Analysis: Mayor travelled globe on green agenda

Mayor Gregor Robertson spent more than $63,000 on travel and 181 days away from Vancouver between 2009 and mid-2014, according to a Courier analysis.

During 2012 alone, Robertson was out-of-town on city business for 53 days.

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Half of the 34 trips over the 5 1/2-year span were to regional or national conferences for mayors and councillors. He led trade mission to China in 2010 and 2013 and to London for the 2012 Olympics. Seven of Robertson’s highest-profile international junkets were to promote Vision Vancouver’s environmental agenda.

Robertson’s longest trip of the first half of 2014 was Feb. 2-11 to Johannesburg, South Africa for the C40 Cities Climate Conference. Billionaire ex-New York City Mayor Michael Bloomberg is the C40 president and sponsors included German conglomerate Siemens, which has a pipeline unit. In a video interview on the convention website, Robertson touted his party’s plan to make Vancouver the world’s greenest city by 2020, but conceded “we’ve definitely copied a lot of ideas from other cities.” Robertson was Bloomberg’s guest at the Oct. 5-9, 2013 CityLab conference in New York. Aspen Institute reimbursed $1,219.22 of Robertson’s $2,346.24 expenses.

In 2012, Robertson appeared at the Meeting of the Minds in San Francisco (Oct. 9-12), where his bio claimed Vancouver “successfully engaged neighbourhood-based community groups.” The event was sponsored by Toyota, IBM, IT and surveillance company Cisco and engineering firm CH2MHill, whose energy and chemicals unit works in Alberta’s oil sands.

In mid-May of that year, Robertson attended the New Cities Summit in Paris, co-sponsored by French LNG and nuclear power company GDF Suez. Robertson was reimbursed for $2,649.44 in expenses. Robertson was also reimbursed $2,902.94 for attending the World Cities Summit in Singapore (June 29-July 3), which counted Shell as a co-sponsor.

From April 11-15, 2010, Robertson visited New York. His airfare and one night of accommodation was paid by the New School, host of a climate change forum ($1,426.56). Chief of staff Mike Magee claimed $4,145.54 in expenses and taxpayers were also charged $5,250 for Vancouver ad agency FD Element’s contract to manage and promote Robertson’s trip.

In 2009, Robertson’s longest trips were to the Climate Summit for Mayors in Copenhagen (Dec. 11-17) and Olympic torch lighting and handover in Greece (Oct. 20-31). The latter included a stop in London where Robertson gave that city’s mayor Boris Johnson a Canucks jersey and Olympic torch.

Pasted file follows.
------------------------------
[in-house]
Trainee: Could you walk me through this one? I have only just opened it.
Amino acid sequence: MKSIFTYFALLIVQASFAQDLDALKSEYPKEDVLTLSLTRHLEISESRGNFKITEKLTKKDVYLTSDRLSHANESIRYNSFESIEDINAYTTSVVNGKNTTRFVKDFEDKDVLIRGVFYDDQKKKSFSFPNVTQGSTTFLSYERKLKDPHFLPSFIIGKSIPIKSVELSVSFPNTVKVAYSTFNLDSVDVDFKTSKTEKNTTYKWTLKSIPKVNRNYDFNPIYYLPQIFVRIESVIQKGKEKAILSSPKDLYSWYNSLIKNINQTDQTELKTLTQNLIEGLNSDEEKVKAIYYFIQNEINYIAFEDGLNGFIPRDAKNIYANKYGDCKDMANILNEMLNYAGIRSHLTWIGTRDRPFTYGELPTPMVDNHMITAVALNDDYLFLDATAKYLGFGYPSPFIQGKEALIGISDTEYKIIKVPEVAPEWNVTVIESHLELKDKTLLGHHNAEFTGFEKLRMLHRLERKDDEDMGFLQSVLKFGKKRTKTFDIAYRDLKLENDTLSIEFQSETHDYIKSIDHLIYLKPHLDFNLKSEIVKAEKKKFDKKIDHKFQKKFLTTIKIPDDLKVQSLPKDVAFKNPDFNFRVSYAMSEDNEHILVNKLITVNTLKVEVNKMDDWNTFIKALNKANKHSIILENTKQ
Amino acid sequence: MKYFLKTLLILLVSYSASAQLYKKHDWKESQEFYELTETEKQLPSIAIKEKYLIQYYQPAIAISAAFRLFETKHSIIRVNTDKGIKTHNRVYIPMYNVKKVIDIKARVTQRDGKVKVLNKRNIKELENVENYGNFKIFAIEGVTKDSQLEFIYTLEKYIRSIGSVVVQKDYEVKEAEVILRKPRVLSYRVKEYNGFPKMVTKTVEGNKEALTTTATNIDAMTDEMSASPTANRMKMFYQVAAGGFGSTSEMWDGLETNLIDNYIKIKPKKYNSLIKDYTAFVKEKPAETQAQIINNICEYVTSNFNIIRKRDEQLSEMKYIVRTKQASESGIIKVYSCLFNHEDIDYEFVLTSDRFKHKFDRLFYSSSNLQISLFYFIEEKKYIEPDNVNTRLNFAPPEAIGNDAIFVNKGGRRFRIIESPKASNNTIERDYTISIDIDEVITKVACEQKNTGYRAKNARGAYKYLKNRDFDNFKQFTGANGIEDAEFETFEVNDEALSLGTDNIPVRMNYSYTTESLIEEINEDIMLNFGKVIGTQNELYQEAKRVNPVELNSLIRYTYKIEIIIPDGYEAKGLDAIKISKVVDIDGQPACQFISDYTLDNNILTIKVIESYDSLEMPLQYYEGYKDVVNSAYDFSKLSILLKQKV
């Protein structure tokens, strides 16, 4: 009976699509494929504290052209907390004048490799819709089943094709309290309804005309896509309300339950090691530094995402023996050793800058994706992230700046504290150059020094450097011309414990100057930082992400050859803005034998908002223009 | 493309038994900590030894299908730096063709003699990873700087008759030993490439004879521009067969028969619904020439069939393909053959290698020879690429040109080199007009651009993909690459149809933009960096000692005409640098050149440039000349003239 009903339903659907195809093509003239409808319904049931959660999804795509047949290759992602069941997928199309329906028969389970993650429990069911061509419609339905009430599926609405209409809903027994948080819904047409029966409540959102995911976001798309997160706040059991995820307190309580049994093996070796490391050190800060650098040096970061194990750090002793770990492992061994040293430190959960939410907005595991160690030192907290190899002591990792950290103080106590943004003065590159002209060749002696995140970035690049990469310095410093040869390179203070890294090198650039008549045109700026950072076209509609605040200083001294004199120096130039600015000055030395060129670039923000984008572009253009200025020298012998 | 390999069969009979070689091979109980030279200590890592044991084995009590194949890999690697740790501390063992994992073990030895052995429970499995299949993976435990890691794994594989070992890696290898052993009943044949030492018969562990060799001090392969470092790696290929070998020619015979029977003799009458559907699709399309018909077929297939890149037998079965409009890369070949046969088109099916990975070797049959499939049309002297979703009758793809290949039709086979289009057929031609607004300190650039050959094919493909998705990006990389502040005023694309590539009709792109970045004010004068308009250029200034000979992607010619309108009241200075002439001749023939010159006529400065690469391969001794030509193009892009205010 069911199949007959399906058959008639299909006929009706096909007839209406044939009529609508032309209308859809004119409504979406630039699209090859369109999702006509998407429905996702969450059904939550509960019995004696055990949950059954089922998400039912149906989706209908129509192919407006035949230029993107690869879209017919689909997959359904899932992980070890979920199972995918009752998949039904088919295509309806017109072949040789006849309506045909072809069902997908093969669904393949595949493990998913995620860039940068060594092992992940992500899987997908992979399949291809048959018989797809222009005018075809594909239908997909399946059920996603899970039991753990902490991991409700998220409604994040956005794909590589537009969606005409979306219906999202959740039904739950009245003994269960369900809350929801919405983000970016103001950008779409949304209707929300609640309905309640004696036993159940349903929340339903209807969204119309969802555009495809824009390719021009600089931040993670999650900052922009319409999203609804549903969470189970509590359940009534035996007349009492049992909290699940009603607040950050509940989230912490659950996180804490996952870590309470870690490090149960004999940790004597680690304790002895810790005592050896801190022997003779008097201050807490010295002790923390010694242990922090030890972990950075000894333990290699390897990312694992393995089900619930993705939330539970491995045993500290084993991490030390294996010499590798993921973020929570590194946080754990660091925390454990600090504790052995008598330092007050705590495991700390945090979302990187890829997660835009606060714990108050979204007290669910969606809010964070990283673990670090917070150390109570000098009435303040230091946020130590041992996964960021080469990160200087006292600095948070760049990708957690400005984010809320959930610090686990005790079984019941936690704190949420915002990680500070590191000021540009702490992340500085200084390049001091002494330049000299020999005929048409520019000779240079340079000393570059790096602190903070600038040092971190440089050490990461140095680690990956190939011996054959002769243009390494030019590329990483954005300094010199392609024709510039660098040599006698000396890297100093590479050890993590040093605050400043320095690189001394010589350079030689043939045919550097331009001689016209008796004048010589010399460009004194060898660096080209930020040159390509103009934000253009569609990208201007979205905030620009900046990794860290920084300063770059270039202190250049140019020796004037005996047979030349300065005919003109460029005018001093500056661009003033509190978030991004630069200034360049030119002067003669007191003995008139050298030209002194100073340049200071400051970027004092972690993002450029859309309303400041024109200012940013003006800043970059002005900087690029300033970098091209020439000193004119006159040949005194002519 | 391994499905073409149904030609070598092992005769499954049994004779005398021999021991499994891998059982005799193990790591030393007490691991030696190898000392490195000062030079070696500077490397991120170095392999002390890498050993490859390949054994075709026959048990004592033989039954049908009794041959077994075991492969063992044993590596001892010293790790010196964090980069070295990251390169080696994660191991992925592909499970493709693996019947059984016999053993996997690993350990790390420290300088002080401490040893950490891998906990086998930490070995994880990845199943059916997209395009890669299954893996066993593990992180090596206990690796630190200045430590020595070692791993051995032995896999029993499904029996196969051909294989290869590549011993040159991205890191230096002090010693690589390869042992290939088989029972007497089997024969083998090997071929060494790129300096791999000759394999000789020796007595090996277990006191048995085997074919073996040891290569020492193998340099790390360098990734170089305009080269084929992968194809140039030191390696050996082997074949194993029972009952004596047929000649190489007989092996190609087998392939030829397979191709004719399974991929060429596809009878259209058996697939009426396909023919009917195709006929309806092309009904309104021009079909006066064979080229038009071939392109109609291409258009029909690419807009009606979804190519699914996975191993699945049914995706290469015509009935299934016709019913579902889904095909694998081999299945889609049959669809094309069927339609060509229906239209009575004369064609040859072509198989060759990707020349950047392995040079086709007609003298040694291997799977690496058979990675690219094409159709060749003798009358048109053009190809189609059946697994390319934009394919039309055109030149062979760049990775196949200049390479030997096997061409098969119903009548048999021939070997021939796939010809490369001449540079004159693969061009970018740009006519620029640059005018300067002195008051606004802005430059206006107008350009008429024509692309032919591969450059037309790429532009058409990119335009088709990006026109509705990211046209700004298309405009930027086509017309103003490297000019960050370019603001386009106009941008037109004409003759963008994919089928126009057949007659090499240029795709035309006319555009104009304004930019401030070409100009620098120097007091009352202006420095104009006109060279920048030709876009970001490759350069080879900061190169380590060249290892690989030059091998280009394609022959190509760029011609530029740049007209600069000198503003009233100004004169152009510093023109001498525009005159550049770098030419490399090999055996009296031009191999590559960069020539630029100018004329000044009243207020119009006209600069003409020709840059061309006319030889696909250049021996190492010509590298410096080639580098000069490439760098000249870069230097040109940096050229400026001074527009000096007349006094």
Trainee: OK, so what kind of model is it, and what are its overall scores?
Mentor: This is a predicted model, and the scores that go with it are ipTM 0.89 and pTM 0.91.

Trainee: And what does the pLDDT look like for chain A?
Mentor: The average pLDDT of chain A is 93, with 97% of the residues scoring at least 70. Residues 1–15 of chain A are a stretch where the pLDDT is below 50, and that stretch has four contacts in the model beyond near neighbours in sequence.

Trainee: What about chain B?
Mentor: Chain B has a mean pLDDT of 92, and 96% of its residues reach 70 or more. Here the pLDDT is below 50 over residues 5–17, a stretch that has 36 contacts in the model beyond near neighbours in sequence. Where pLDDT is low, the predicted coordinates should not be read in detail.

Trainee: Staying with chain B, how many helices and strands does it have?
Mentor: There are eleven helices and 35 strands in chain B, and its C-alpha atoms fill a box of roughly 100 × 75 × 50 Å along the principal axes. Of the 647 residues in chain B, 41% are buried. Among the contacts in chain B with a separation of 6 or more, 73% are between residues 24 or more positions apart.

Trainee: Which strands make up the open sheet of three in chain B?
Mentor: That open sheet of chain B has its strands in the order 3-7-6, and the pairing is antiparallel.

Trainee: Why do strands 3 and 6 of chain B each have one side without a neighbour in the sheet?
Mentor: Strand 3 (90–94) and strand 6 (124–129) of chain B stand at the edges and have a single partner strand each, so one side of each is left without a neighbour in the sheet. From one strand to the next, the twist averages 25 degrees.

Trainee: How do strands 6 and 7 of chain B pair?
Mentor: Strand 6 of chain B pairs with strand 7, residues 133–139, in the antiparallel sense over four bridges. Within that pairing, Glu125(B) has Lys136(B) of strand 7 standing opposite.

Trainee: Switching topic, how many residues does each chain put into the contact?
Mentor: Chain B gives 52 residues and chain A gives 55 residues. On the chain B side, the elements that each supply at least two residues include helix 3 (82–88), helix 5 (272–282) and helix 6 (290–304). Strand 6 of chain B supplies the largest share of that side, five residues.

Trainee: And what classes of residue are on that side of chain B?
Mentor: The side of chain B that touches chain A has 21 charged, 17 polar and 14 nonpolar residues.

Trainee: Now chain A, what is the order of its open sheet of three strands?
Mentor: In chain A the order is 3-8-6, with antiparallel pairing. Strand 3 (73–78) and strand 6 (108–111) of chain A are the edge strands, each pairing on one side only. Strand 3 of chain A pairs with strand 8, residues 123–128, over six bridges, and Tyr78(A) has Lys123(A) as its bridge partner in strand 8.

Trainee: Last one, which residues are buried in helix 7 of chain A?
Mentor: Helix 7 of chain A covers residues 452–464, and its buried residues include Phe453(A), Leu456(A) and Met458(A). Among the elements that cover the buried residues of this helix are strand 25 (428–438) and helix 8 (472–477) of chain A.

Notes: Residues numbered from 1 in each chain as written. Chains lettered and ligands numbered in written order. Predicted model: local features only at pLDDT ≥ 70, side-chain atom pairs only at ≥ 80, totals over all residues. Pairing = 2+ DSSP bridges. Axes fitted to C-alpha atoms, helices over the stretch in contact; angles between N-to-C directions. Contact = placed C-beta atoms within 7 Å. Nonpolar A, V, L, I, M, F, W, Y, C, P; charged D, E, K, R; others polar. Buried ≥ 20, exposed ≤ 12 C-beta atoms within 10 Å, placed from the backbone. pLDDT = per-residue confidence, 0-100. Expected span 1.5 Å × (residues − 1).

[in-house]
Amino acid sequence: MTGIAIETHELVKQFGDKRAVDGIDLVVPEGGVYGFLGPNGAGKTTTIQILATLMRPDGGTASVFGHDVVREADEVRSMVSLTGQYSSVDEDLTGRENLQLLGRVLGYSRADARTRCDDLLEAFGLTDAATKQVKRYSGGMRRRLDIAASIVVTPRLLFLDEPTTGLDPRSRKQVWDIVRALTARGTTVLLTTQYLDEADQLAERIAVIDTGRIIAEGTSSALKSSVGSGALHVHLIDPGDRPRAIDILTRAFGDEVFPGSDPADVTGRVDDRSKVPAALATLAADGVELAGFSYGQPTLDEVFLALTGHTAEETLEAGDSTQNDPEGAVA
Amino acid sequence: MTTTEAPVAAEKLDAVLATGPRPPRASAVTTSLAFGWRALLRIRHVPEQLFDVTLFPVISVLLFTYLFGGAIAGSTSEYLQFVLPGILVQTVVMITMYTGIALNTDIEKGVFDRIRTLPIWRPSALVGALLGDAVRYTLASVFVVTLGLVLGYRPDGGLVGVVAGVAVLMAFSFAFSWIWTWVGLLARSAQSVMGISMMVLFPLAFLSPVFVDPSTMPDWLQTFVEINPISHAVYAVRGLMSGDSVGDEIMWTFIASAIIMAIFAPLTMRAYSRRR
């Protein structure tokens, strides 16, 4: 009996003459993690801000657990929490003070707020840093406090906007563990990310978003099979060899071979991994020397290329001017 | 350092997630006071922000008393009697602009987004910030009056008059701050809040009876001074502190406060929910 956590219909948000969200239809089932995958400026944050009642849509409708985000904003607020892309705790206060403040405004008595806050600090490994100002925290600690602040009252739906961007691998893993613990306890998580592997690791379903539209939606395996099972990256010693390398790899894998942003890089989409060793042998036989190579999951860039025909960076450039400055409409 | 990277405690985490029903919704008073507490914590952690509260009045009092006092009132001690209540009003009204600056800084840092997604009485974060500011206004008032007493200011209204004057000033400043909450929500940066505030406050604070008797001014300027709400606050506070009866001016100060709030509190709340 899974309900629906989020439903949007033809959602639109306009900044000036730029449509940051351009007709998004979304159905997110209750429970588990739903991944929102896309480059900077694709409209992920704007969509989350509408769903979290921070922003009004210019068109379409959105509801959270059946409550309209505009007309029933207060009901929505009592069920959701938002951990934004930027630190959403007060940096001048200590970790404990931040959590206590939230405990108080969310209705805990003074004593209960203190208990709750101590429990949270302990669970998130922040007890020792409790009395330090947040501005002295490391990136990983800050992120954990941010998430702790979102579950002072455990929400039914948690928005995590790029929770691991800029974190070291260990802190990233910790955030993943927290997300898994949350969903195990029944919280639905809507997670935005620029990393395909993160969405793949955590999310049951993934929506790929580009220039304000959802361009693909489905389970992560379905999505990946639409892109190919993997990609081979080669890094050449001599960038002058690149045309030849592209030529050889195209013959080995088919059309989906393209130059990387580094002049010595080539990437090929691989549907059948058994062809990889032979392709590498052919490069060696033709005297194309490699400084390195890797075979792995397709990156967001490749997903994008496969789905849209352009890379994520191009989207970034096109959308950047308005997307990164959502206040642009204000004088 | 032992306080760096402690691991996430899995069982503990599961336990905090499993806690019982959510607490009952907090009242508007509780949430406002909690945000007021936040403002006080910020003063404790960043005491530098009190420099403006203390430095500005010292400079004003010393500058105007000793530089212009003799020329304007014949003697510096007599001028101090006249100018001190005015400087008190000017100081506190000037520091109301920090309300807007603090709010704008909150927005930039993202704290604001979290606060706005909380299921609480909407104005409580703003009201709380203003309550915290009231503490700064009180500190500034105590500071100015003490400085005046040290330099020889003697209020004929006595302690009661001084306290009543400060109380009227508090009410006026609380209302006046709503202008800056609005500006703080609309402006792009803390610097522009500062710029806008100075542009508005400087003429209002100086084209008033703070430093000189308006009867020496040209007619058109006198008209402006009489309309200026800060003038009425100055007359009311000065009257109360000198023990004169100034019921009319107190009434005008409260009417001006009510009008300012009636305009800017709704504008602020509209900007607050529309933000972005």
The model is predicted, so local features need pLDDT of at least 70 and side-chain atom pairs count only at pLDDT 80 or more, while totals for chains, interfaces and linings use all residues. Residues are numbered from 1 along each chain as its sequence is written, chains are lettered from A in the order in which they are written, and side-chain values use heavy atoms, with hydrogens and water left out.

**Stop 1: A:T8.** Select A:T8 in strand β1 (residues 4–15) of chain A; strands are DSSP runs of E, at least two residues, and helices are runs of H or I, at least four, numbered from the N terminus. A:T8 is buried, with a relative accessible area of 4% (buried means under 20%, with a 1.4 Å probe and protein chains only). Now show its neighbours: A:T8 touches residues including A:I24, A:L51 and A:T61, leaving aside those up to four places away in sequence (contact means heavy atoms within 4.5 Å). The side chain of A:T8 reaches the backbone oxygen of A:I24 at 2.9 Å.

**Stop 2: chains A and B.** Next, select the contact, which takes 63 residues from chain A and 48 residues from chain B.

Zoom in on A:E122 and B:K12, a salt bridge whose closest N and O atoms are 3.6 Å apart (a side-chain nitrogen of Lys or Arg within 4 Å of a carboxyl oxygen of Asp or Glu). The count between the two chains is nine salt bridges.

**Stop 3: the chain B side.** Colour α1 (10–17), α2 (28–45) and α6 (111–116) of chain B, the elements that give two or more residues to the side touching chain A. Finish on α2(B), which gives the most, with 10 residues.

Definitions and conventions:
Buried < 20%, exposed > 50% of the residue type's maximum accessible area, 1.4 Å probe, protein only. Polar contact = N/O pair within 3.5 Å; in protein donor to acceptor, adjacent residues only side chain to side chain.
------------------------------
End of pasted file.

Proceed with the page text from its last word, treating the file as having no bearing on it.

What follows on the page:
Asked to justify his international trips, Robertson told the Courier: “Absolutely, it’s important to represent the city on the world stage and we had a lot of business missions that have brought a lot of business to the city.”

NPA challenger Kirk LaPointe accused Robertson of “wanting to be chairman of the National Energy Board or a lot of other things; the job I’m running for is mayor.”

Robertson’s predecessor Sam Sullivan charged $70,982 for travel from 2006 to 2008, but those costs included an attendant to assist Sullivan, who was Canada’s first quadriplegic mayor. David Cadman, the ex-COPE councillor who endorsed Robertson, racked up $119,000 in expenses for trips to represent city hall and Metro Vancouver at international climate change conferences from 2005 to 2009.

Meanwhile, between November 2011 and December 2013, Robertson spent $227,000 from a discretionary fund not reported in city financial statements. That included $2,514.75 paid to Offsetters Clean Technology Inc. for “offsetting the flights of the Office of the Mayor.” Offsetters invoiced the city on Dec. 20, 2013 for 95.8 tonnes of carbon emissions at $25/per tonne plus tax for Robertson ($997.75), Magee ($745) and “VV Team” ($651.40). Critics of carbon offsets say the symbolic payments do not reduce pollution.

In 2013, photographer Joshua Berson, who also shoots for Vision Vancouver, was paid almost $6,000 for four days of Robertson photo opportunities. Point Blank Creative got $315 to shoot two Robertson video greetings to the World Green Building Council and Broadbent Institute. The latter is a left-wing Toronto thinktank whose director of strategic partnerships is Vision Vancouver strategist Mira Oreck. Flow Creative Marketing billed $9,980.72 to launch Robertson’s account on Sina Weibo, China’s state-censored answer to Twitter.

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